By closing the bank accounts of these groups, HSBC appears to be acting where governments and parliamentarians have failed. The authorities have not, in fact, just failed; they have colluded.
Finsbury Park Mosque still enjoys strong support from the local Council and the Metropolitan Police, both of which have sponsored events at the mosque with the support of the World Association of Muslim Youth [WAMY], a Saudi group that is a prolific publisher of anti-Jewish and anti-Shia material. WAMY is accused by a number of governments of funding terrorism.
Both the police and the local government body have provided several tens of thousands of pounds in grants to the mosque.
Likewise, the Ummah Welfare Trust has enjoyed the support of MPs; and the Cordoba Foundation has also received government funding through the Prevent scheme, a fund established by the previous Labour government to combat extremism.
As for Anas Al-Tikriti, in January 2014, he was invited by President Obama to the White House, as part of a delegation led by Iraqi politician Osama Al-Nujaifi, who leads the Mutahidoun bloc, a coalition of Iraqi political parties, the leading member body of which, according to Al Monitor, is the Islamic Party, the Iraqi branch of the Muslim Brotherhood.
The biggest question now about HSBC's actions is "why?" Some observers have suggested that the HSBC's decision in 2012 to hire Stuart Levey, the former under secretary for terrorism and financial intelligence, might have something to do with it. Others have suggested the possibility that the British government's review into the Muslim Brotherhood, which the Prime Minister is due to hear during the summer recess, might be already having some effect.
On the face of it, it seems unlikely that the government would pressure HSBC to shut down Muslim Brotherhood bank accounts while allowing the British police to fund and sponsor Finsbury Park Mosque, one of the Brotherhood's most important institutions.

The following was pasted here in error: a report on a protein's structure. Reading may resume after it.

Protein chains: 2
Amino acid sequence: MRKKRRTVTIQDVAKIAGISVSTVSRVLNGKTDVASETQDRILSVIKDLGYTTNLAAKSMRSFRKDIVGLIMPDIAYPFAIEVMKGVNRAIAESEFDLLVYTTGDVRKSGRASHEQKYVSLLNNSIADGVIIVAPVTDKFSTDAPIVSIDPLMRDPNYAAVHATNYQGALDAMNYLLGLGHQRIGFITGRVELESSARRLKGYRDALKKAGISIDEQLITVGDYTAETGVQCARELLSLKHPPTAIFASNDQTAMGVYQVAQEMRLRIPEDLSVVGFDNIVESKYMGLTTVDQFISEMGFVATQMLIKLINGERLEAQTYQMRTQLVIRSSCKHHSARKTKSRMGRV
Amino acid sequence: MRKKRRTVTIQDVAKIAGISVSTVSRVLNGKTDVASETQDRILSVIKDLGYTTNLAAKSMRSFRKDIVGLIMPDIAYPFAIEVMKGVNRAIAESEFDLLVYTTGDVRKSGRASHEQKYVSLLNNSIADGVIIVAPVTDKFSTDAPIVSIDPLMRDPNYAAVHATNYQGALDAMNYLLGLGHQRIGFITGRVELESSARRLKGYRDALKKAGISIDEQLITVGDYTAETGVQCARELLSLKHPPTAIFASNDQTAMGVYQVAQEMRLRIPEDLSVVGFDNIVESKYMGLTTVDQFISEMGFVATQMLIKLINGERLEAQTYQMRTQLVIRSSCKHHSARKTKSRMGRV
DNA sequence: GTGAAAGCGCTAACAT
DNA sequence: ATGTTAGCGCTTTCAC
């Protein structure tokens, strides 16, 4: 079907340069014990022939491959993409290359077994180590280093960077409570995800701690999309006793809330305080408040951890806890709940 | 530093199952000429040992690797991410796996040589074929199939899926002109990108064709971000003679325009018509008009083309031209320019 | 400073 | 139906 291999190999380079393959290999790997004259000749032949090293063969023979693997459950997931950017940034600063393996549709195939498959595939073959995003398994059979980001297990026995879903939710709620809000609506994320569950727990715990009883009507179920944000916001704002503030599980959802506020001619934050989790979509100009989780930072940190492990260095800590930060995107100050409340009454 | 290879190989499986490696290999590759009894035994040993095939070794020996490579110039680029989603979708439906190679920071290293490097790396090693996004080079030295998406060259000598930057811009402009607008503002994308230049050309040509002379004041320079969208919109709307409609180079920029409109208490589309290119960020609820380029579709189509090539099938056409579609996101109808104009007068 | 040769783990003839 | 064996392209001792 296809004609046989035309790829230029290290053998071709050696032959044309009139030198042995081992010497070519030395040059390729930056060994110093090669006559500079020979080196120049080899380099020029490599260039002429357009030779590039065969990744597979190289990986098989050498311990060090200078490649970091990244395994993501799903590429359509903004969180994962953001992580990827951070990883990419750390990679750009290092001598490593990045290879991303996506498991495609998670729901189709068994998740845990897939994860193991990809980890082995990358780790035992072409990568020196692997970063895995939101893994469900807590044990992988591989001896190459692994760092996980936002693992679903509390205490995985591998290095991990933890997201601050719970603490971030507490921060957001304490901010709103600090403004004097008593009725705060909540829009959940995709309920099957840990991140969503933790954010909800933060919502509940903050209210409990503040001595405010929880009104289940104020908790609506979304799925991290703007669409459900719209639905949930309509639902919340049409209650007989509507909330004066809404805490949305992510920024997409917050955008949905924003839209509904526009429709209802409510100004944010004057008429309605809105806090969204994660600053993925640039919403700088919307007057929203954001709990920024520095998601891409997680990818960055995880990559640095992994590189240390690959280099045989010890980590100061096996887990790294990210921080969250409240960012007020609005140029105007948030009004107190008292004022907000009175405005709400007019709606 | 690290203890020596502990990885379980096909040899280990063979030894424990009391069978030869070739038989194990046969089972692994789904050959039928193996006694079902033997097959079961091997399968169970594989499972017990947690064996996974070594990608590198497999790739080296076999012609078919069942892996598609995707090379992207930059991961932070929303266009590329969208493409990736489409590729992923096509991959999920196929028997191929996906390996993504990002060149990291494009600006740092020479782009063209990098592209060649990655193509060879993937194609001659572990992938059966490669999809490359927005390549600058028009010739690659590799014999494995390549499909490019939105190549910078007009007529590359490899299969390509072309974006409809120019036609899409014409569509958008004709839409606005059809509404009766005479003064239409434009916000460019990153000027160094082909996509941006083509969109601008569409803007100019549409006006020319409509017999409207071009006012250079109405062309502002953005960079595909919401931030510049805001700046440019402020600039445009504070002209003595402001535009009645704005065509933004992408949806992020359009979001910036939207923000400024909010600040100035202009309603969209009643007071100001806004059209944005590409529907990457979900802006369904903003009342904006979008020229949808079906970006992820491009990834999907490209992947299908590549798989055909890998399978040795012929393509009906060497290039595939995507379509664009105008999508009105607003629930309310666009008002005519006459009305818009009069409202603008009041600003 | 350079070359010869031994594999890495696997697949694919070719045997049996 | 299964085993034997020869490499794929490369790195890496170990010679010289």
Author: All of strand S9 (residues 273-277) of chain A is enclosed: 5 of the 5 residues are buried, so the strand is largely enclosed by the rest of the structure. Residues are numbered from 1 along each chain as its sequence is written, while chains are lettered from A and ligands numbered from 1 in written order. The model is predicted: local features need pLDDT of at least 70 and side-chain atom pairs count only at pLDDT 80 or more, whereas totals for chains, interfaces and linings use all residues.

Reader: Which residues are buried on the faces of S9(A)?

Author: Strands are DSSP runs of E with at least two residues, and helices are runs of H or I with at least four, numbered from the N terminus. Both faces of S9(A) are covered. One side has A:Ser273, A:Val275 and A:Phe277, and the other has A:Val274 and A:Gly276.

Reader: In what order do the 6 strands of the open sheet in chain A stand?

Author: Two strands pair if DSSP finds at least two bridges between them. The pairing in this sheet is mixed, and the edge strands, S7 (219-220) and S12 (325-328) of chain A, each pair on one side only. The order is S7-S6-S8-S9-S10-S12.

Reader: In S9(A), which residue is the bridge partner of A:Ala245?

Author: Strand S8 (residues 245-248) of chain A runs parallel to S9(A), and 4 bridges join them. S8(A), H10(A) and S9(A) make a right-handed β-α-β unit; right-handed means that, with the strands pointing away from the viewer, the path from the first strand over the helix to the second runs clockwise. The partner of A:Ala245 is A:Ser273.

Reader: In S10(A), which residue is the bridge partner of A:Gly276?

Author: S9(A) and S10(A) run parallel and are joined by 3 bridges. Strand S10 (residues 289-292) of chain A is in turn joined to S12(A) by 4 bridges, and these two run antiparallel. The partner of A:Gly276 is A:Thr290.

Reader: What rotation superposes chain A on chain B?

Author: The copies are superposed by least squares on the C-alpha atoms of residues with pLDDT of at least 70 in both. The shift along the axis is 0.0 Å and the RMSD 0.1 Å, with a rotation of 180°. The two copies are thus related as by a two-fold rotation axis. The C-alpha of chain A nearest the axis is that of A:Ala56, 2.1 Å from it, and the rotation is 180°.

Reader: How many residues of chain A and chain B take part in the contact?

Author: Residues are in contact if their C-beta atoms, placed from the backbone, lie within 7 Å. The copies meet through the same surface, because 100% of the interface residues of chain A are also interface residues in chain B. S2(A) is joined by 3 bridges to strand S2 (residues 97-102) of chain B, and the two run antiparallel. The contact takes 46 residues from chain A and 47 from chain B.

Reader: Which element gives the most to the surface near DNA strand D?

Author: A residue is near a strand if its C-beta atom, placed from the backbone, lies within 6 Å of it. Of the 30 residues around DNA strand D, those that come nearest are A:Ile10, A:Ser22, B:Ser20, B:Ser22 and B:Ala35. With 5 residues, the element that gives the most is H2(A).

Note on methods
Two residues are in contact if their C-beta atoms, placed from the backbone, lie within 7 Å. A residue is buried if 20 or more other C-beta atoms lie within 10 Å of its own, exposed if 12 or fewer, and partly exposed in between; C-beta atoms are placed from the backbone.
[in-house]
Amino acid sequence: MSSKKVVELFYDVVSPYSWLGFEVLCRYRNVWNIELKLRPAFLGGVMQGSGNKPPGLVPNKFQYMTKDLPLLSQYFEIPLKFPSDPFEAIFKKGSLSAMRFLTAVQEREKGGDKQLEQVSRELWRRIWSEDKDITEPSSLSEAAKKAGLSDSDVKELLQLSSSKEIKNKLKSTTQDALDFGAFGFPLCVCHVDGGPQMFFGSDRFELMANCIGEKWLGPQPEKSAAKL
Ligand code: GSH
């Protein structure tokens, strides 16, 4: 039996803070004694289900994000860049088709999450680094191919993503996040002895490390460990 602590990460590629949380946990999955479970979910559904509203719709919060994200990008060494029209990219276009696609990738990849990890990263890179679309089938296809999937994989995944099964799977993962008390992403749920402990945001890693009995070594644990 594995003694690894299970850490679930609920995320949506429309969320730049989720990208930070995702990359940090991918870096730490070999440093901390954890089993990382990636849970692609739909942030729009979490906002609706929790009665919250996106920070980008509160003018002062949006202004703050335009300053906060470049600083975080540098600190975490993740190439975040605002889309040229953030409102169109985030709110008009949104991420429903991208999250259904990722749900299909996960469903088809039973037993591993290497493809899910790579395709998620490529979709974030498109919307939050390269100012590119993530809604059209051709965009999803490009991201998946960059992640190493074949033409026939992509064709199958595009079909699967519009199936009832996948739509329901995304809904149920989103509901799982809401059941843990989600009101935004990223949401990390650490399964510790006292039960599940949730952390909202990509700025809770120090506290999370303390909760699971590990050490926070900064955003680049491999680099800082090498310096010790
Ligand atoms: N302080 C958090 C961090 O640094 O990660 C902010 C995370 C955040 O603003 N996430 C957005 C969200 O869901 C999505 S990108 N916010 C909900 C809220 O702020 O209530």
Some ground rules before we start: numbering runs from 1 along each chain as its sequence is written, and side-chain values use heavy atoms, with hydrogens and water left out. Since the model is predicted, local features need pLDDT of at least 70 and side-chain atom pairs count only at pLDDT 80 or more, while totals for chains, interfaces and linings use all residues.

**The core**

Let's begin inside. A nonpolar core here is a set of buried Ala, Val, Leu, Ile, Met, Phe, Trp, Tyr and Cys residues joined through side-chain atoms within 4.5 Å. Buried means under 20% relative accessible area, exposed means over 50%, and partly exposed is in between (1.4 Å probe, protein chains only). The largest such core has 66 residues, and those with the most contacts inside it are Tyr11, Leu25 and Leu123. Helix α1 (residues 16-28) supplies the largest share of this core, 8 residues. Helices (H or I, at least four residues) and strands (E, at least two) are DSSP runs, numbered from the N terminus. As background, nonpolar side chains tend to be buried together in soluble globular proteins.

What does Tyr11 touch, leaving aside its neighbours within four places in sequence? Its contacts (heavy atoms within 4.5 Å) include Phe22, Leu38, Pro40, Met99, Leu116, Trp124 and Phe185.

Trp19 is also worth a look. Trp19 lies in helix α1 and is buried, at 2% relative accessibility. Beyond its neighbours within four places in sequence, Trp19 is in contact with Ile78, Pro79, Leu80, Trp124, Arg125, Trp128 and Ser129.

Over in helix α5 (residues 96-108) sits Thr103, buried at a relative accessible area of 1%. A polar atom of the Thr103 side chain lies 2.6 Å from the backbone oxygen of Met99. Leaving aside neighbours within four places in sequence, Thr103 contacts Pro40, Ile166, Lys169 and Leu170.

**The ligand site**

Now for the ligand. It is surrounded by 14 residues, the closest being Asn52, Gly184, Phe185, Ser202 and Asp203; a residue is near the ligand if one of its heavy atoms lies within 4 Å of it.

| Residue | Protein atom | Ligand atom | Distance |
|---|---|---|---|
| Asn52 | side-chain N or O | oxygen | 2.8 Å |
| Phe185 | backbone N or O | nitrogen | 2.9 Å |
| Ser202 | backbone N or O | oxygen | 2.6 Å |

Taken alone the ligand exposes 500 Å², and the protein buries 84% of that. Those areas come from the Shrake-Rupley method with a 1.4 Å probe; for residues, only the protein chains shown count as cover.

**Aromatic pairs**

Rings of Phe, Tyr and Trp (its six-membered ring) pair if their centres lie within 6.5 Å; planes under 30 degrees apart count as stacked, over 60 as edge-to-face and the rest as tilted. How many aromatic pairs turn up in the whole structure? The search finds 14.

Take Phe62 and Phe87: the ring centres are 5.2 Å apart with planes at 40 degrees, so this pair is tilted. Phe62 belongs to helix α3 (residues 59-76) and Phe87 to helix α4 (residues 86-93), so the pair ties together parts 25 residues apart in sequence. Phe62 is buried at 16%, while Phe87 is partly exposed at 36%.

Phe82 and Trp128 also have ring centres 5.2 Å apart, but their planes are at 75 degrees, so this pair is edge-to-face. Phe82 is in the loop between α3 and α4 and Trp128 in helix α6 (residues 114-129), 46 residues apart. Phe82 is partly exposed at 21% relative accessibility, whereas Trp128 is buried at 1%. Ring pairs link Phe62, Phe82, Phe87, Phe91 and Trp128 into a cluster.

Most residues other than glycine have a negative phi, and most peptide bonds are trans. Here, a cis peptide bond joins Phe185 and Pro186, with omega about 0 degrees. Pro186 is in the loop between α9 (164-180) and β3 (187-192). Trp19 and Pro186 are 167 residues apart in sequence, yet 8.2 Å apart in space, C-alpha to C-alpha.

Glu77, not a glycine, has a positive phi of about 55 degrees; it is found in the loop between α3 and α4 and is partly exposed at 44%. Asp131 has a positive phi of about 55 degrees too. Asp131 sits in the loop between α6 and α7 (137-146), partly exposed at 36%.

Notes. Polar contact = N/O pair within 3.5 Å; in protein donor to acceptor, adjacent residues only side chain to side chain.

But the coalition government, much like the Labour government that preceded it, seems always to have embraced a contradictory approach in its efforts to confront British Islamism. The present government, for instance, managed to declare the Islamic Shakhsiyah Foundation a "Hizb ut-Tahrir front" and at the same time provide it with £70,000 of taxpayer monies.
In addition, after the announcement of the Muslim Brotherhood review in March 2014, the Foreign Office revealed that its advisory group on "freedom of religion" was to include a leader of the Muslim Brotherhood, Tariq Ramadan, as a board member.
Regardless of these apparent contradictions, HSBC's decision to close down these bank accounts is welcome. For far too long, Muslim Brotherhood groups in Britain have escaped censure in spite of their promotion of extremism and their connections to terrorism. Even if the government is dithering, at least the private sector is acting.